What can you do if there is no actual conflict, but you do feel resistance, unclarity or dissatisfaction within the communication?
What is dialogue guidance?
Where there is cooperation, irritation and unease can arise. It is not always easy to address this, possibly because you fear being too angry and possibly causing more damage rather than resolving the issue, or because you think the other party will verbally outweigh you, leaving you no space to let you make your point. Perhaps you are be a manager sensing the team is not running smoothly; you want to break the tension without escalation.
In these cases, dialogue guidance is a good choice. Our task will be to explore the underlying issues and to create room for you to refresh the communication process, whether it is between two people, within a team or between several parties at once.
We will begin by investigating the reasons for your support request and your expectations and wishes for the preferred outcome. This can be done through an online intake, or through 1-on-1 intake meetings. Sometimes this step will not be necessary and we will be able to start with a first joint session straight away.
Following a brief introduction and investigation we will start a structured conversation method, allowing each participant to elaborate on their view on the issues causing the friction. As mediators/coaches, we have a number of techniques and exercises in store to help you reaching sincere, in depth communication with each other. Sometimes a game or a surprising intervention will help to reach this goal. Sometimes, a break from the group process for further 1-on-1 discussions may prove useful in finding the core issue. Everything is done with the aim of resolving the issues, learning from this process en identifying the most practical points of action for a successful future.
In our view, dialogue is the main tool for several issues.
When to use dialogue intervention?
There can be several reasons for a dialogue intervention. Dialogue, in our view, is the main tool for many issues, such as improvement of mutual cooperation, clarification of team goals and change of leadership style.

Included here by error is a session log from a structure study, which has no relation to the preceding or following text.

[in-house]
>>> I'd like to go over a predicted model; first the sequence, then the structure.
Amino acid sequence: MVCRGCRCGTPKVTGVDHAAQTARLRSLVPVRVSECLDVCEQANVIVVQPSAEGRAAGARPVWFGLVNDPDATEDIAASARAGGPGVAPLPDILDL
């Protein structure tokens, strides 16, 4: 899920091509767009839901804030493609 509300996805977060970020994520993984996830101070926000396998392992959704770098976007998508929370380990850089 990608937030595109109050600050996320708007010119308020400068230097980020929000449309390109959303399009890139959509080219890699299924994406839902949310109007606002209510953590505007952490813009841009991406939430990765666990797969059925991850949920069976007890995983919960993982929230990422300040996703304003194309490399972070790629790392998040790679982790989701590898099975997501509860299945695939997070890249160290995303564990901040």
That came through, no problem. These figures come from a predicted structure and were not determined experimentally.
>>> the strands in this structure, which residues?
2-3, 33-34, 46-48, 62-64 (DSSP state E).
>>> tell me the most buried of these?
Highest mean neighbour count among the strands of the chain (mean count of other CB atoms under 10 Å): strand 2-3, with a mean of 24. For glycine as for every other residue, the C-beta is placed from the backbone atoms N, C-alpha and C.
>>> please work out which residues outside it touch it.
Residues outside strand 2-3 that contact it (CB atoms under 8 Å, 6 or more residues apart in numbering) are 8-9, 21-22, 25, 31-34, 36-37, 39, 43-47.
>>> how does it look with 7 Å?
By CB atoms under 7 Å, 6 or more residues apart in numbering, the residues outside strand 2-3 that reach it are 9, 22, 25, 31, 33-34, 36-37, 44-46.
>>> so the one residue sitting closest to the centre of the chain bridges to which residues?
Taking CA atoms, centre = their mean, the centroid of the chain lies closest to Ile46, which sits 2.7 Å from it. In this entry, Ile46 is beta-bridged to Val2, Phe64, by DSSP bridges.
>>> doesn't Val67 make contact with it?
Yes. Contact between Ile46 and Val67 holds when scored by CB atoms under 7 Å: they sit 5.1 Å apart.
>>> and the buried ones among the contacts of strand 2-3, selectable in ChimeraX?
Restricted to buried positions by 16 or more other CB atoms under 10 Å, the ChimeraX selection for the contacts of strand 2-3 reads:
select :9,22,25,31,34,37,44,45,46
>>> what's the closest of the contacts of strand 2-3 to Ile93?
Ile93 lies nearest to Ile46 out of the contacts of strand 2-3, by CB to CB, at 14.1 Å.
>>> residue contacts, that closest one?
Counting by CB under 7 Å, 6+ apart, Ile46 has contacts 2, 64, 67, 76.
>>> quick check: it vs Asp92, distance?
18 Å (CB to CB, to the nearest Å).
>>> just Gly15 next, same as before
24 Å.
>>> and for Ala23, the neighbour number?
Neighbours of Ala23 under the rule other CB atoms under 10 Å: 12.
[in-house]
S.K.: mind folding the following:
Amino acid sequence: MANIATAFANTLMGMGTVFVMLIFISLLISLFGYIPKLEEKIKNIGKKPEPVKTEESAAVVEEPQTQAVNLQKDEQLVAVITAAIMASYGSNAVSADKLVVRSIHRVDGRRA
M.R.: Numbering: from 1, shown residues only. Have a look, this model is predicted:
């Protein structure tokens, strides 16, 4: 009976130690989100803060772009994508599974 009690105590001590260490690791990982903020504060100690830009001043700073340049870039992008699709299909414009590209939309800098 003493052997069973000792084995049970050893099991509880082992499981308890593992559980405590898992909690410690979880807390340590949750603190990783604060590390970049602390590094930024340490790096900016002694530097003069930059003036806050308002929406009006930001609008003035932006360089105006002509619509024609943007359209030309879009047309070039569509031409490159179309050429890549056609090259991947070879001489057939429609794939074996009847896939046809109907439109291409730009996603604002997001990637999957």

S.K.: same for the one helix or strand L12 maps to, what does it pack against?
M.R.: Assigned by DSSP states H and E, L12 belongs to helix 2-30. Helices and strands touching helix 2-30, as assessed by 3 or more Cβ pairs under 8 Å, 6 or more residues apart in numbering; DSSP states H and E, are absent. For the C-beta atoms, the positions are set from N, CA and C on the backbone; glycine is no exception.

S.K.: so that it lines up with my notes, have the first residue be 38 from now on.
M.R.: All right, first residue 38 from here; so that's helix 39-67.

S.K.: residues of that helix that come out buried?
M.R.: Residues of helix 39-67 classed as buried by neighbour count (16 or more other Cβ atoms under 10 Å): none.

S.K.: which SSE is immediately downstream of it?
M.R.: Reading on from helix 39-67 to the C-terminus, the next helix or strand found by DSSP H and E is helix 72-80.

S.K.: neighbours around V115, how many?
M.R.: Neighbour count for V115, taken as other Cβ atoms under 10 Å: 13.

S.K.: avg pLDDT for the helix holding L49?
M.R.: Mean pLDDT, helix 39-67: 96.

It is up to the involved parties to find solutions themselves.
The difference between mediation and dialogue guidance
A mediation starts with the signing of an elaborate mediation agreement through which the mediator and the parties involved submit to a number of rules. In dialogue guidance we do not sign such an agreement, but we expect that anyone requiring our involvement will do their utmost and participate actively. This is why the process of dialogue guidance is less formal, but also less regulated. Mediation may provide more stability or assurance, but the process is a different one. In dialogue guidance, we expect that:
In our role of mediators, we are neutral. We will not express any personal opinions and, while guiding the process, we will leave it up to the parties to come up with solutions. In dialogue guidance, however, our role is more flexible, and we may even be in the position to tell you exactly what our thoughts are, or to propose solutions without being asked. A great thing – for us just as well!
Confidentiality is an essential part of mediation. Obviously, as a dialogue guidance coaches we will not make anything public, but we may find it useful to tell a party involved in the process something we learned from another party, or that we inform all those involved at the start of a team meeting what we have learned from earlier individual conversations. We may even express our opinion to the person who requested the dialogue guidance. However, any specific request to keep something confidential will be respected at all times; we guarantee this.